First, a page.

Two mild storms in June set the precedent for what is predicted to be the most active hurricane season in many years. Mississippi Power employees were on full alert for Tropical Storm Arlene, but it made landfall near Pensacola June 11 and had very little impact in our area. Tropical Storm Bret followed shortly after, making landfall in Mexico on June 29.

Just a week later, however, Tropical Storm Cindy initially made landfall at the mouth of the Mississippi River and then crossed the Mississippi Coast to make a second landfall in Pascagoula on July 6. Cindy kept company line crews busy throughout the night, bringing 50-60 mph wind gusts and 4 to 6 inches of rain to the area. Approximately 20,000 Mississippi Power customers lost service during the storm, but most were back to normal by the end of the day.

Hurricane Dennis followed Cindy by less than a week, making its initial landfall in Cuba as a category 4 storm. After moving into the Gulf of Mexico, the storm weakened slightly to a category 3 and eventually made landfall in Escambia County, Fla.

“We were certainly watching Dennis very carefully and making plans to react,” said company spokesman Kurt Brautigam. “We were in full storm mode for several days, as it always had the potential to severely affect our service area. Ultimately, we were fortunate that it landed east of us, but we still had some areas that suffered damage and experienced outages.”

Most of the approximately 19,000 customers who lost service due to Dennis were in the Meridian area. Company crews from Hattiesburg and Laurel helped local crews restore service to most customers within a day. Once power was restored at home, Mississippi Power workers went to assist Alabama Power in its restoration efforts. At the peak of the storm, Alabama Power had nearly 250,000 customers without service.

“I’m sure we’ll have more opportunities to prepare for storm duty this summer,” Brautigam said. “It’s a fact of life for us because of where we live. But I think all of us believe the practice we’re getting is helping to improve our plans and preparations. If and when the time comes, our customers can rely on our company to be ready to deal with any restoration situation. We’ll get the lights back on as quickly and safely as possible.”

Budget billing helps manage summer cooling costs

Mississippi Power customers who use budget billing generally know what their monthly bills are going to be, even during summer’s hottest months. It is a free service that levels the customer’s monthly payments based on their actual 12-month billing history. The 12-month average becomes the monthly payment.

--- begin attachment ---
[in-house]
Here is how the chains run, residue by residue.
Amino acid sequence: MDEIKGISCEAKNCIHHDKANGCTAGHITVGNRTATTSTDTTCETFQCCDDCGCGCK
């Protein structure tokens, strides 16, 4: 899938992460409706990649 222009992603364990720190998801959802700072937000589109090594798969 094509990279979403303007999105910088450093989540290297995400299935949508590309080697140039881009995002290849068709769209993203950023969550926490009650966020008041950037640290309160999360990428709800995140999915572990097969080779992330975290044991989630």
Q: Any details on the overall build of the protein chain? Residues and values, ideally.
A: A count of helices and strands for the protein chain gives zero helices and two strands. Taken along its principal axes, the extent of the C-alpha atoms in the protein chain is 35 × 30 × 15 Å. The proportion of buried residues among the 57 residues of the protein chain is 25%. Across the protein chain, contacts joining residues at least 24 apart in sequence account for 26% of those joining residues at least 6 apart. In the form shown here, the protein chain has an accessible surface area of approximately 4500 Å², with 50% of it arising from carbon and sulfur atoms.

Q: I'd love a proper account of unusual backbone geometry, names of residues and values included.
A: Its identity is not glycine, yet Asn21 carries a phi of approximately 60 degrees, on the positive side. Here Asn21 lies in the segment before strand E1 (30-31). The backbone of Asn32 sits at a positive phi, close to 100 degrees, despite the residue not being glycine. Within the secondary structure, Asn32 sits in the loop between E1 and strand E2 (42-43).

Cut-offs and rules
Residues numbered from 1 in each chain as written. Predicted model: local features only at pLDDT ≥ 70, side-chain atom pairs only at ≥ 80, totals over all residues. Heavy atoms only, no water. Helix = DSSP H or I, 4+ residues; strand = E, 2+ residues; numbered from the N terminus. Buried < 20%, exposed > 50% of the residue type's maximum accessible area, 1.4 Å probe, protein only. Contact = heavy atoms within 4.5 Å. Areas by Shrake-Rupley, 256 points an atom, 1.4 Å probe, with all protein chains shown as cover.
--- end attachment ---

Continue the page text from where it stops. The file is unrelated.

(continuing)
“Studies show that customers who use the budget billing option consistently have high customer satisfaction,” said Kurt Brautigam, Mississippi Power spokesman. “This payment option allows customers to budget one amount each month, which makes it easier for them to manage their money.”

Budget bill amounts are reviewed monthly and if the difference between the new amount and the original amount is greater than $5 and 10% of the original amount, the new budget bill amount will be used for the next bill. Customers are notified when an adjustment is made.

In addition to budget billing, customers can also consider two of the newest and fastest growing methods of payment via the Internet – Electronic bill and Electronic Funds Transfer. E-bill customers receive and pay their bill online, while customers enrolled in Electronic Funds Transfer have their bill automatically drafted from a designated checking or savings account each month.

While many people are beginning to use online methods to pay their bills, most still prefer the traditional way of either making a personal visit to the payment office or simply paying with a check sent in the mail.

More than half of the company’s customers pay their bill at one of 30 local customer service offices located throughout its 23-county service area.

“Whatever the method of payment, we try to help find the best way for customers to manage their electricity costs,” Brautigam said. Anyone with a question about billing may call the company’s customer service center at (800) 532-1502.